The 1923 Great Kanto earthquake proved to be a turning point for the fortunes of Tokyo’s great department stores: Mitsukoshi, Shirokiya, Matsuya and Matsuzakaya. Japanese department stores originally appeared as a high-status, high-price, full-service retailer. Because many general retail stores were destroyed in the earthquake and resulting fire, the department stores were able fill the vacuum for everyday necessities. Doing so also allowed Mitsukoshi (and the other department stores) to expand its customer base beyond catering almost exclusively to the whims and fancies of the well-to-do, as had been the earlier business strategy.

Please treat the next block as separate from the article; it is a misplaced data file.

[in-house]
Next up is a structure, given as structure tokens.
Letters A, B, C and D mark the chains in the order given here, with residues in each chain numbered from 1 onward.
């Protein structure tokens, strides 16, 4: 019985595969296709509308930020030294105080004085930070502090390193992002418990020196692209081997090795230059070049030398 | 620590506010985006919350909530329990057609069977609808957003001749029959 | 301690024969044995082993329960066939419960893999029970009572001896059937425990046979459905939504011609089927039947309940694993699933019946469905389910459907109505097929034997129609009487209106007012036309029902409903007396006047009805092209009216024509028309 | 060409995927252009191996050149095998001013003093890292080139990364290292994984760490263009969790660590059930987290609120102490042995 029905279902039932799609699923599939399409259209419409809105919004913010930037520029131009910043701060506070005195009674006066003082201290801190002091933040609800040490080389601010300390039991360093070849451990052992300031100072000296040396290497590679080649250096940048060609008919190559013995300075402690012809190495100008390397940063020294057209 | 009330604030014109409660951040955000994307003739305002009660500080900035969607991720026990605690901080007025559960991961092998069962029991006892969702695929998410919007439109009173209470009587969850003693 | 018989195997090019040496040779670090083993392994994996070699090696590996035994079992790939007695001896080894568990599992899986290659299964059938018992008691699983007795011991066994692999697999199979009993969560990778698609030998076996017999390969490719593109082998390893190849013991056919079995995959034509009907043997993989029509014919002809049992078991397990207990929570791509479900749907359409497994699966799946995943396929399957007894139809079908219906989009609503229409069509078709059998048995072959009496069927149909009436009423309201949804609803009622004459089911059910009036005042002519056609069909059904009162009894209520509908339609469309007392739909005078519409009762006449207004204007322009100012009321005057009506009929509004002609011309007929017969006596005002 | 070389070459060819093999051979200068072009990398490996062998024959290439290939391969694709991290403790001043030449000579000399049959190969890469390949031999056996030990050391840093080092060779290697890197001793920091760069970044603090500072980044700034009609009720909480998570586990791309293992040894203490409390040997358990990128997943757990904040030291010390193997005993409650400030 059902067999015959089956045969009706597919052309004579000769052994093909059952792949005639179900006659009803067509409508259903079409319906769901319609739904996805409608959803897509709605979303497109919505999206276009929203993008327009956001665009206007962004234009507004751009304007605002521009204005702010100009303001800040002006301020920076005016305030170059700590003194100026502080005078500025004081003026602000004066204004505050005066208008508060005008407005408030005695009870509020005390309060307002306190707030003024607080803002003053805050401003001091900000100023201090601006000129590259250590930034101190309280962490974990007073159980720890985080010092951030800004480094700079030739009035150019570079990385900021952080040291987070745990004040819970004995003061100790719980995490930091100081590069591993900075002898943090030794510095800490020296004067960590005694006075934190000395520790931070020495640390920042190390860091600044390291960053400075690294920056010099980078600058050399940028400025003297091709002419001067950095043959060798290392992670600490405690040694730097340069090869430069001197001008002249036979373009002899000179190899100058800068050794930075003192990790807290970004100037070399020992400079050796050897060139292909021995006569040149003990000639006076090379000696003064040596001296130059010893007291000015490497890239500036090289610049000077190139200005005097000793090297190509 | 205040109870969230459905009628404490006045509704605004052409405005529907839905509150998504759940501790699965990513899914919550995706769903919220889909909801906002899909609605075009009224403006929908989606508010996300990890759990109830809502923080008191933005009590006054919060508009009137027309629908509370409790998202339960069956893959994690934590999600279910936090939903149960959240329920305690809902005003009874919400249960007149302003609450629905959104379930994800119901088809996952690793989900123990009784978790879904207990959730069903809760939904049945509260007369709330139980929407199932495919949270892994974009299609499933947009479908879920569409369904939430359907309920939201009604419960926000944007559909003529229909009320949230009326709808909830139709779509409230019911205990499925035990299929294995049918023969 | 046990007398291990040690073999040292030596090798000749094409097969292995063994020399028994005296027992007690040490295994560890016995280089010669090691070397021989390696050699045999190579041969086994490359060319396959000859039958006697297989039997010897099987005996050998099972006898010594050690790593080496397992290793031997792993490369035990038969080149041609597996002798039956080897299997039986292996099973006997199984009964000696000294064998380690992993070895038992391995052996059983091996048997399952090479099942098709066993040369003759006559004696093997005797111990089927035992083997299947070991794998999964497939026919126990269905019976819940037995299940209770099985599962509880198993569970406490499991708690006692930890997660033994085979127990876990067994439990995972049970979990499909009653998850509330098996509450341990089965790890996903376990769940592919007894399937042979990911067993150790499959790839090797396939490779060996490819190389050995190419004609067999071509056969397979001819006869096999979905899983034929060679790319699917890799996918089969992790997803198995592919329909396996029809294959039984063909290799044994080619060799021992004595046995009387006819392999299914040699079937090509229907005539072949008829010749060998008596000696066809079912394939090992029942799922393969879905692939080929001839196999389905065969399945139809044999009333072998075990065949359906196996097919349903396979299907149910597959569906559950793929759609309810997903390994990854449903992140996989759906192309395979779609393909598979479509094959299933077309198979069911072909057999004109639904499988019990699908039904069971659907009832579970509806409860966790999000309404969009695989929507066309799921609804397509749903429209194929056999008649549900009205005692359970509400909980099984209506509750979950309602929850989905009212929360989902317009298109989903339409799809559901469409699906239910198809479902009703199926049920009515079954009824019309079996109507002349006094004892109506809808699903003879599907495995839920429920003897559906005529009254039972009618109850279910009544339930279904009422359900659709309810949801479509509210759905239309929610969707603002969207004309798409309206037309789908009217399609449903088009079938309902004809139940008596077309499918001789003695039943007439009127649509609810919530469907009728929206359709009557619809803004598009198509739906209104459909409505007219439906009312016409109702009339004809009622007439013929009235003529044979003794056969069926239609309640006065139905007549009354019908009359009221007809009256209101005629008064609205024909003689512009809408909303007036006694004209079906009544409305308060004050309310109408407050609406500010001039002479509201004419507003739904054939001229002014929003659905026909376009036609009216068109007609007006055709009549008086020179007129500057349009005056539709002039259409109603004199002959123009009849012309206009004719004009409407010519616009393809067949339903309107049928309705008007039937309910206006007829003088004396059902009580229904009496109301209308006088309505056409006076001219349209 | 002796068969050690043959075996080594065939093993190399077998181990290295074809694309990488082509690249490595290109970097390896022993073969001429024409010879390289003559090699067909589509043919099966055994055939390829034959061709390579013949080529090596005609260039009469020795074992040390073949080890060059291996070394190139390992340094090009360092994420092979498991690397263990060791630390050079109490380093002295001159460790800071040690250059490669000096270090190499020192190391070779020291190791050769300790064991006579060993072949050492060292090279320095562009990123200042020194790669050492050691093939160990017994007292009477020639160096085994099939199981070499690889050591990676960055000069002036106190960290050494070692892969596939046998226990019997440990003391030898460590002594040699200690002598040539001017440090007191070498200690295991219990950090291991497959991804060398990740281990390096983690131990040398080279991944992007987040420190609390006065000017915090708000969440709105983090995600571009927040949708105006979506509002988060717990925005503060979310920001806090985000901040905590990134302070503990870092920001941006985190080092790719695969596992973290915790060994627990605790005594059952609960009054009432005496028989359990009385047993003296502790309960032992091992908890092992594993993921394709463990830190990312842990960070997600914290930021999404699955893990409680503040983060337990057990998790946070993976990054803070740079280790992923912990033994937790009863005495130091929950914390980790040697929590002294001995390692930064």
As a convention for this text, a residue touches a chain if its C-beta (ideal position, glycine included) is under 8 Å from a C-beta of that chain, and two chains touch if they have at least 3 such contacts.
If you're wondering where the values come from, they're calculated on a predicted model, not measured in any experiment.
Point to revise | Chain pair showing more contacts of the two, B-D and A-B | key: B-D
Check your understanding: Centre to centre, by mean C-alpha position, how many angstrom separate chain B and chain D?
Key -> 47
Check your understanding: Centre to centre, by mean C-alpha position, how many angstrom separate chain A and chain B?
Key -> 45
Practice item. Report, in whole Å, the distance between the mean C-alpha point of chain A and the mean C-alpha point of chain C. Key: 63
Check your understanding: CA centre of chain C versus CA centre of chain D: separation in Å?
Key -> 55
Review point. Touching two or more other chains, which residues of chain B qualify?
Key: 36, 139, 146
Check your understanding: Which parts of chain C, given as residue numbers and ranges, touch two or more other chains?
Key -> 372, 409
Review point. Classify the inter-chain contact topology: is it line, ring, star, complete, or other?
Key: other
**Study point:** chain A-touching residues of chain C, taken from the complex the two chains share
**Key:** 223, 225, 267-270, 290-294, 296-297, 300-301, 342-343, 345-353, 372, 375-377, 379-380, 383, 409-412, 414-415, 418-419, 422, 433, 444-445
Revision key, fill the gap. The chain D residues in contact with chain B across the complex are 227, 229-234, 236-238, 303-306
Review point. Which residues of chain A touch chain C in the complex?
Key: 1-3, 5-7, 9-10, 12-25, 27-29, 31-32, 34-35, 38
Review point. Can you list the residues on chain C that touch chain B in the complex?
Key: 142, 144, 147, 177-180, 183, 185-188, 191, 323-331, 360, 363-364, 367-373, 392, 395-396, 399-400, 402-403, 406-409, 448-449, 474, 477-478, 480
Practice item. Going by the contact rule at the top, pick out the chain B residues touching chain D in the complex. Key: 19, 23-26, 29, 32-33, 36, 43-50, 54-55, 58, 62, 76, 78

Three years later (1926), with the rebuilding of the Nihonbashi flagship store completed, Mitsukoshi boasted 61 departments, including radio, wedding, shawls, furushiki wrapping cloth. By 1929, the flagship store had 89 departments.
Post-war Mitsukoshi included a theater, where bunraku puppet plays were performed. The Mitsukoshi Gekijo was converted from a modest-sized recital hall into a 542-seat playhouse, suitable for Kabuki and other genres.
In August 2007, it was announced that Mitsukoshi would merge into Isetan, another major department store in Japan, to become Japan’s largest department store group.